Theme parks in Japan are now strongly discouraging patrons from screaming to their heart's content while on roller coasters. The no-screaming rule has been added to the re-opening guidelines set by the East and West Japan Theme Park Association earlier released in May as a necessary preventive measure to slow down the spread of novel coronavirus infections. These guidelines are to be adopted by most of Japan's theme parks.

This may seem a little inconceivable to ask from roller coaster enthusiasts being thrown from side to side, flipped and turned at breakneck speeds. But the logic behind it comes from the fact that virus transmission can easily come from one's intense screaming, as droplets get blown out of one's mouth in the midst of a vocal meltdown.

However, customers are not convinced this is even remotely possible. A spokesman from one of the parks, Fuji-Q Highland, told the The Wall Street Journal, "we received complaints that the theme park association's request to not make loud noises was impossible and too strict."

In response to this, Fuji-Q Highland released a four minute video to prove this could be done. The video shows two of its high ranking executives seated next to each other onboard the park's Fujiyama roller coaster wearing stoic facial expressions while enjoying the ride in silence. The video concludes with the message: "Please scream inside your heart."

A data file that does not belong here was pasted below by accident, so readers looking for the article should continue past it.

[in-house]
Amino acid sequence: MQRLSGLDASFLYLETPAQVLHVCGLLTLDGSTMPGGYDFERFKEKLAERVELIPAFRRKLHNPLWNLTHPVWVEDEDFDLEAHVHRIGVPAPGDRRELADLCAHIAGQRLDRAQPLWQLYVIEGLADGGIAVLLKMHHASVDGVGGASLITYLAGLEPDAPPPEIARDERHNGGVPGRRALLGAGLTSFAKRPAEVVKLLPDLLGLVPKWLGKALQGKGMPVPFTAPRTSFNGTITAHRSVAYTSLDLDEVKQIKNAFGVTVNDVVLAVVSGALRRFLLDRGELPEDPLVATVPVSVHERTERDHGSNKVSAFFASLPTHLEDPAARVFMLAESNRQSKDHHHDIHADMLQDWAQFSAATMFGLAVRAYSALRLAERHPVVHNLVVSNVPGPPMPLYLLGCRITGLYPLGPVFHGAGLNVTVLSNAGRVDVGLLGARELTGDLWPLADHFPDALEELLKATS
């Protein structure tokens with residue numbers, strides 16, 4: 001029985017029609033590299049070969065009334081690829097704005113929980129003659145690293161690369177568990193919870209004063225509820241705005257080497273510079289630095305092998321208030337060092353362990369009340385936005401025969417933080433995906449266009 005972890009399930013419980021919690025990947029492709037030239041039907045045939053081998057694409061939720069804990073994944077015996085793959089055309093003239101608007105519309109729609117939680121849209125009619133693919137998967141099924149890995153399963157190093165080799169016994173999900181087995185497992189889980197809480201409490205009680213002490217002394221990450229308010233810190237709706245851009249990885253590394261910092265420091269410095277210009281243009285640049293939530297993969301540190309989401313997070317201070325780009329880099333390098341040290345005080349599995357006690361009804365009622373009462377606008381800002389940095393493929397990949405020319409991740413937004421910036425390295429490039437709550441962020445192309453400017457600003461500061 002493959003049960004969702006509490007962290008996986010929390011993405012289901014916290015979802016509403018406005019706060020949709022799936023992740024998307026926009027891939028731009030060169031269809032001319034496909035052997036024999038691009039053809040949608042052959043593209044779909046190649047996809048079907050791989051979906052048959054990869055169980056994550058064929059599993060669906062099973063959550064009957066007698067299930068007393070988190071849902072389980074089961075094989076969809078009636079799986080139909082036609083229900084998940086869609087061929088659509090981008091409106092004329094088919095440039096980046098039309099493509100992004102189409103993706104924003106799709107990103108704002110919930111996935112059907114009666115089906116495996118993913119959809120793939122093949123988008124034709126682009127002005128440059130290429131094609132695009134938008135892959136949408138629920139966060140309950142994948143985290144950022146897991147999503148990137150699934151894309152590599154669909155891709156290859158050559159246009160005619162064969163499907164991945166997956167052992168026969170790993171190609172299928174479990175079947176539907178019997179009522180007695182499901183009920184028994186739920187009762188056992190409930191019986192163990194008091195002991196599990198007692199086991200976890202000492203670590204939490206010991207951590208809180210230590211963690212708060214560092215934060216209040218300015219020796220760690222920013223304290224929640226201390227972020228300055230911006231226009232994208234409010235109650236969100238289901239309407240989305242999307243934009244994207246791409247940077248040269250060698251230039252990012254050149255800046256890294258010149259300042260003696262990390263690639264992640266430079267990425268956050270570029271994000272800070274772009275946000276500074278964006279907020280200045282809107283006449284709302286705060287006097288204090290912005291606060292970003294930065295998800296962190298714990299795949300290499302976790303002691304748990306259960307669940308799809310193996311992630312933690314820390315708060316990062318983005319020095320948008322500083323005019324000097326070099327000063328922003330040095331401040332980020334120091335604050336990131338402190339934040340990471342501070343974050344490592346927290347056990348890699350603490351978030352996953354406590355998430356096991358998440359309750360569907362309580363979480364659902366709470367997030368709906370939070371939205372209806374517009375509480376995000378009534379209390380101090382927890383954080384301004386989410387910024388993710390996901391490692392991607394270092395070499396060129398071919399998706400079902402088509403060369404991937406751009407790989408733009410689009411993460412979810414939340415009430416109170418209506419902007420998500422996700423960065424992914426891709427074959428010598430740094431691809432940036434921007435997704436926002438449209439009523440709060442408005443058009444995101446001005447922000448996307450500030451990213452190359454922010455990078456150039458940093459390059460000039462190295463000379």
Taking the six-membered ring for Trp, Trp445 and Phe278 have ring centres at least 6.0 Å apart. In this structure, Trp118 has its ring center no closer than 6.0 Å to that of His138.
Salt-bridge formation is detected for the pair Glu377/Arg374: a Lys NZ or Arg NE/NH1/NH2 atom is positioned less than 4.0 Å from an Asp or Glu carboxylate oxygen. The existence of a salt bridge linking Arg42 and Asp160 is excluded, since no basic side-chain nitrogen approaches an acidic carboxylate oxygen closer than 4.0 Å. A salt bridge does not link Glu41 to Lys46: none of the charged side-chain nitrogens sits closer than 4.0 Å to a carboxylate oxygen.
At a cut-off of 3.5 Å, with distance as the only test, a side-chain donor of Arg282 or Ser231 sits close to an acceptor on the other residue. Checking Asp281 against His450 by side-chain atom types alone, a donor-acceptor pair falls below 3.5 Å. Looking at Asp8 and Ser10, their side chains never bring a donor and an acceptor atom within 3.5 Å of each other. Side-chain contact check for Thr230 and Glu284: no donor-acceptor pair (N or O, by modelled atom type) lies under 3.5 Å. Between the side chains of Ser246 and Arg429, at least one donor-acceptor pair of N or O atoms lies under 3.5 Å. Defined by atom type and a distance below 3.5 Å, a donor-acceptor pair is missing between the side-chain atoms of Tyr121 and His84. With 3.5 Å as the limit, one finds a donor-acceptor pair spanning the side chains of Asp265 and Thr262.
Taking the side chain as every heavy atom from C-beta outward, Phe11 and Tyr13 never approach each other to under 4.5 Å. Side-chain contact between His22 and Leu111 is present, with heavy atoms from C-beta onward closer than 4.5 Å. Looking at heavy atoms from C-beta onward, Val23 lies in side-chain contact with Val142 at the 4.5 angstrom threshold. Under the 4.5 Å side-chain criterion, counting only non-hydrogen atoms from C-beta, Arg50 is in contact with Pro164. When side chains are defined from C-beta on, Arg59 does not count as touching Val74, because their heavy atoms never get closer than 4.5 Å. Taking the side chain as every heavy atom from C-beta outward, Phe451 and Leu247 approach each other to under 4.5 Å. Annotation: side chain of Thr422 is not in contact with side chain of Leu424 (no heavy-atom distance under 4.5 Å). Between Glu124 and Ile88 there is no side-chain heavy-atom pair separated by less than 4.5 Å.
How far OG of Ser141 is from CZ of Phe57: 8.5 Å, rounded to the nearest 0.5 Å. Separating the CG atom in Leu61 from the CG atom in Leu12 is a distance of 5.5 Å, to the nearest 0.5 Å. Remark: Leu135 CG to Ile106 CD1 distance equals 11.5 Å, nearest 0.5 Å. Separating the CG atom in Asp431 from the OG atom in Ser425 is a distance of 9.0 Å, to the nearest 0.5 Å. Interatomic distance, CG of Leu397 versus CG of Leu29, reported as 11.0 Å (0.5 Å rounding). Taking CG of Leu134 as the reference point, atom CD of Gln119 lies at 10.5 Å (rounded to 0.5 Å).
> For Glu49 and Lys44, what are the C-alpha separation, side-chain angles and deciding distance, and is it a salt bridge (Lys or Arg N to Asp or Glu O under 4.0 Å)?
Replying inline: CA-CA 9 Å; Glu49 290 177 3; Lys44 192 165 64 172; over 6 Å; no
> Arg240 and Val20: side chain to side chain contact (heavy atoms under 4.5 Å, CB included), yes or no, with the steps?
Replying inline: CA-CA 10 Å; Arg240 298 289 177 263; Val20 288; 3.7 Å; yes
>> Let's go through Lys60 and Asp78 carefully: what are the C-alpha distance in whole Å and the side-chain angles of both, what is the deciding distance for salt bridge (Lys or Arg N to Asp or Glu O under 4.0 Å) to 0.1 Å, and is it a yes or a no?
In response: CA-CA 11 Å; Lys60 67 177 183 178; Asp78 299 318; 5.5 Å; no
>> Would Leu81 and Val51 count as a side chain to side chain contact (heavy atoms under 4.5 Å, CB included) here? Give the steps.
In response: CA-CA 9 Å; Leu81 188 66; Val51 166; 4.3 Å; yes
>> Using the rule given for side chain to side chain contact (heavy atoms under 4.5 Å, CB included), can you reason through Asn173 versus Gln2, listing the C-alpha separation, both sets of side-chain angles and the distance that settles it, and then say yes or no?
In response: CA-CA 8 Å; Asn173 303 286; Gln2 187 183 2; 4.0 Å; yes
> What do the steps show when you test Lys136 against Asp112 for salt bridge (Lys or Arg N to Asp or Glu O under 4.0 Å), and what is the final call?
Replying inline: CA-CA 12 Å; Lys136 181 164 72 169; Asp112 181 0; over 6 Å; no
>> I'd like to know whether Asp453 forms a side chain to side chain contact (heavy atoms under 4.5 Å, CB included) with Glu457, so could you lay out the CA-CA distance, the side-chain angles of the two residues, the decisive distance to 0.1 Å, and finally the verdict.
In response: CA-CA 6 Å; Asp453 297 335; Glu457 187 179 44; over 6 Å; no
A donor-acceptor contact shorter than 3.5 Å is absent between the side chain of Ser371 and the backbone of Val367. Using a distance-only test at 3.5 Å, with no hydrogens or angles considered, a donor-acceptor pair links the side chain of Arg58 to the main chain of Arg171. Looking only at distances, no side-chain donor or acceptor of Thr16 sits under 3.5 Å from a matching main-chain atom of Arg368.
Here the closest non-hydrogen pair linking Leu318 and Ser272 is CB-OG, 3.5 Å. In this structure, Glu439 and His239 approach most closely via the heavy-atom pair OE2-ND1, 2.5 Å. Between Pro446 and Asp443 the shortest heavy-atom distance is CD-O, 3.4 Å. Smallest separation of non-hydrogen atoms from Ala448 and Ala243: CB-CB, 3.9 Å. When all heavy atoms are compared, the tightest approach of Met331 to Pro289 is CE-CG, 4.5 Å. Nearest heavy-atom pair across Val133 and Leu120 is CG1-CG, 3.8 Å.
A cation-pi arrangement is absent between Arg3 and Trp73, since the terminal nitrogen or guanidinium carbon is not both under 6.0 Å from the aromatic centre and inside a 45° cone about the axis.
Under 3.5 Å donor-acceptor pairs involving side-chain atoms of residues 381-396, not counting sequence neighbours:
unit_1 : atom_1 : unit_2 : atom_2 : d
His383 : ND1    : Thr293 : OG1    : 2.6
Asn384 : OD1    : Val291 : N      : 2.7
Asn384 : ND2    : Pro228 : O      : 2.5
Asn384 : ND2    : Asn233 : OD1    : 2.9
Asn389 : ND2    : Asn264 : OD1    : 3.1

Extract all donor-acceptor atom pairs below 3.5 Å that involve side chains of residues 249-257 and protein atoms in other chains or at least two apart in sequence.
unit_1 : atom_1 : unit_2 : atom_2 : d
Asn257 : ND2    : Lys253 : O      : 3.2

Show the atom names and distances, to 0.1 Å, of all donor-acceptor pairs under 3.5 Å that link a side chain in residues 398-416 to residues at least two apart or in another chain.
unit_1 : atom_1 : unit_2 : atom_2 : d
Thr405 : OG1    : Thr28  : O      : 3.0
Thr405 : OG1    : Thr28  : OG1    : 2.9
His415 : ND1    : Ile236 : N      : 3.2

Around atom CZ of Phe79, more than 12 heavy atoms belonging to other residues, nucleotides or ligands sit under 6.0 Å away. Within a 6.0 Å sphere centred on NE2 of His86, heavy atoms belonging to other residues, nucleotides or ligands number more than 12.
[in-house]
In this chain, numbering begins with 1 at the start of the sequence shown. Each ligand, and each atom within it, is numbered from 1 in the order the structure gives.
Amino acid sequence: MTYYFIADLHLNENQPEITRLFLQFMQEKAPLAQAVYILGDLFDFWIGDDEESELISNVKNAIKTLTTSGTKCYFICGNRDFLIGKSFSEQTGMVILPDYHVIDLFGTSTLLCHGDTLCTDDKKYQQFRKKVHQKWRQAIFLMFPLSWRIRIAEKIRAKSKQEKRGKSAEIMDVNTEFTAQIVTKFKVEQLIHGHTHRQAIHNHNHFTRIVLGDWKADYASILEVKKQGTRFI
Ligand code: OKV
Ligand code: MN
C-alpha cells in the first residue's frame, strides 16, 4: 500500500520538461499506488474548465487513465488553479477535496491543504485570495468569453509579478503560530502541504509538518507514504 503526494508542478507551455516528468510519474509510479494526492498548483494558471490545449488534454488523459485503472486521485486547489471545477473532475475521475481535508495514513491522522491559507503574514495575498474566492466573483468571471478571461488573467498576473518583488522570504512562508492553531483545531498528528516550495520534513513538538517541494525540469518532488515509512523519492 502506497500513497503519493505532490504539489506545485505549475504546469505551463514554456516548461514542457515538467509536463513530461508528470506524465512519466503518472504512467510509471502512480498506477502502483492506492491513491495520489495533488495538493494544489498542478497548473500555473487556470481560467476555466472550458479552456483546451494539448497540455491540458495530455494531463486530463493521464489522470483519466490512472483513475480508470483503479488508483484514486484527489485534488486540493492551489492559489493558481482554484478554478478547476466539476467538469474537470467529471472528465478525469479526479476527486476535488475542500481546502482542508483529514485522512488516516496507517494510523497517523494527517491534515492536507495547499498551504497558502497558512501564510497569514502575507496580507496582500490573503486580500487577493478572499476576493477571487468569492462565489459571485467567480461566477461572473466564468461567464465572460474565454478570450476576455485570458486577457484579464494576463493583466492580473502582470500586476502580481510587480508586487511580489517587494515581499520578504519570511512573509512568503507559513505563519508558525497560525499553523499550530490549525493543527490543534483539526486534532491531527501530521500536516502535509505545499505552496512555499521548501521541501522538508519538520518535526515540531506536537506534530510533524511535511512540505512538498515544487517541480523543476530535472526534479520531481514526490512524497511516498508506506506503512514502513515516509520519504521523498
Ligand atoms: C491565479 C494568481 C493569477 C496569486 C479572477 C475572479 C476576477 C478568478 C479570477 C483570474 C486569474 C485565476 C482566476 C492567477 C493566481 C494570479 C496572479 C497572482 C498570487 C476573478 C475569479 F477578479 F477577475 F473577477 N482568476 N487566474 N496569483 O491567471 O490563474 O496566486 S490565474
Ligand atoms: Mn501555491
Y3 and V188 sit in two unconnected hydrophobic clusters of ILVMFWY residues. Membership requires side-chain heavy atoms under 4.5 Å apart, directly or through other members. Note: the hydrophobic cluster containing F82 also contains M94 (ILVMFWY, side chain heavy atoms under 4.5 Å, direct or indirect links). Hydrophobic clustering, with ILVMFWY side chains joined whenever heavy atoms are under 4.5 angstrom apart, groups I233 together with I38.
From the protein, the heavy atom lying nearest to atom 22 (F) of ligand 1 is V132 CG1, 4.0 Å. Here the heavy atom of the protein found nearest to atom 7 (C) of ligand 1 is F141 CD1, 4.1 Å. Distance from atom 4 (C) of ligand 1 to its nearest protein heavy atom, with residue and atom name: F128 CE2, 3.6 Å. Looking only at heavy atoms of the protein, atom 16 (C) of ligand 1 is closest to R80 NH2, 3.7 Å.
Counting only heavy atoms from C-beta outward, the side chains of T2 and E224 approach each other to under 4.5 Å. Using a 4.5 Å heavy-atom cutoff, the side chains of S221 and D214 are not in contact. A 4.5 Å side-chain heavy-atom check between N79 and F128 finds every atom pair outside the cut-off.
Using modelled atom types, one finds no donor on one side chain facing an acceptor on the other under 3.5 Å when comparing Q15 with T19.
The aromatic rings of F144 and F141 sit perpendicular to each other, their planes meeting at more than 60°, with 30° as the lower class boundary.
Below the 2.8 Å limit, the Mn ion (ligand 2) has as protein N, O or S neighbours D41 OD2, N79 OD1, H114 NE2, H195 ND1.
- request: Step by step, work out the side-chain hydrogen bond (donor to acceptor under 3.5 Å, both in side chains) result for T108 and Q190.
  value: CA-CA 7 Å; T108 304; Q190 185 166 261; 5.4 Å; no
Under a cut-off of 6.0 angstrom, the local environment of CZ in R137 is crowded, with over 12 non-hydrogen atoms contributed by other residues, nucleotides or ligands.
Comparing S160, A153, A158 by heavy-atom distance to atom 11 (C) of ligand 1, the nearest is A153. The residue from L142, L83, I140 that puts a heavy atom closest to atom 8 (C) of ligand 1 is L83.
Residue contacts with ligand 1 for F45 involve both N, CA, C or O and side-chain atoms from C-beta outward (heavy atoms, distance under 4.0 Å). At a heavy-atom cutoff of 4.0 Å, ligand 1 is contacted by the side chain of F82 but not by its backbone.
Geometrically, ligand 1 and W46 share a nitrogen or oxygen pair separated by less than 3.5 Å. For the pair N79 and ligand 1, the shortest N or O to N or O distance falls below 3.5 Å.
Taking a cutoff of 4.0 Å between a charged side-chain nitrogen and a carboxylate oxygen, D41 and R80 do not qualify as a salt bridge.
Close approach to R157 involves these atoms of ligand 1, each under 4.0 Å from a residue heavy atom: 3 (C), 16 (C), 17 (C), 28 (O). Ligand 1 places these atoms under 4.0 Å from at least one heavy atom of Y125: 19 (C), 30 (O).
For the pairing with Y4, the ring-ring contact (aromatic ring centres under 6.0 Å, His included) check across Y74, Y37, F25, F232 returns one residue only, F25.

This effort also comes with a fun #KeepASeriousFaceChallenge to encourage riders to play and try out this new riding norm by putting on their most serious face while photos are taken during their entire ride. They can share these photos online and those with the best serious expressions get free day passes. The challenge runs until July 17.

Although the no screaming rule may be quite a feat to enforce - park officials say there will be no punishment or penalties for violators. This was meant to give customers a sense of confidence and safety, as people start to slowly return to normal life.

The theme park association assures the public that strict safety protocols are still in place, requiring customers to wear face masks, temperature checks as well as reduced park and ride capacity.

Novel Coronavirus
Tourists wear masks as they visit the Universal Studios theme park in Orlando, Florida, a state that is holding its Democratic presidential primary on March 17, 2020 despite widespread coronavirus outbreaks Photo: AFP / Susan STUMME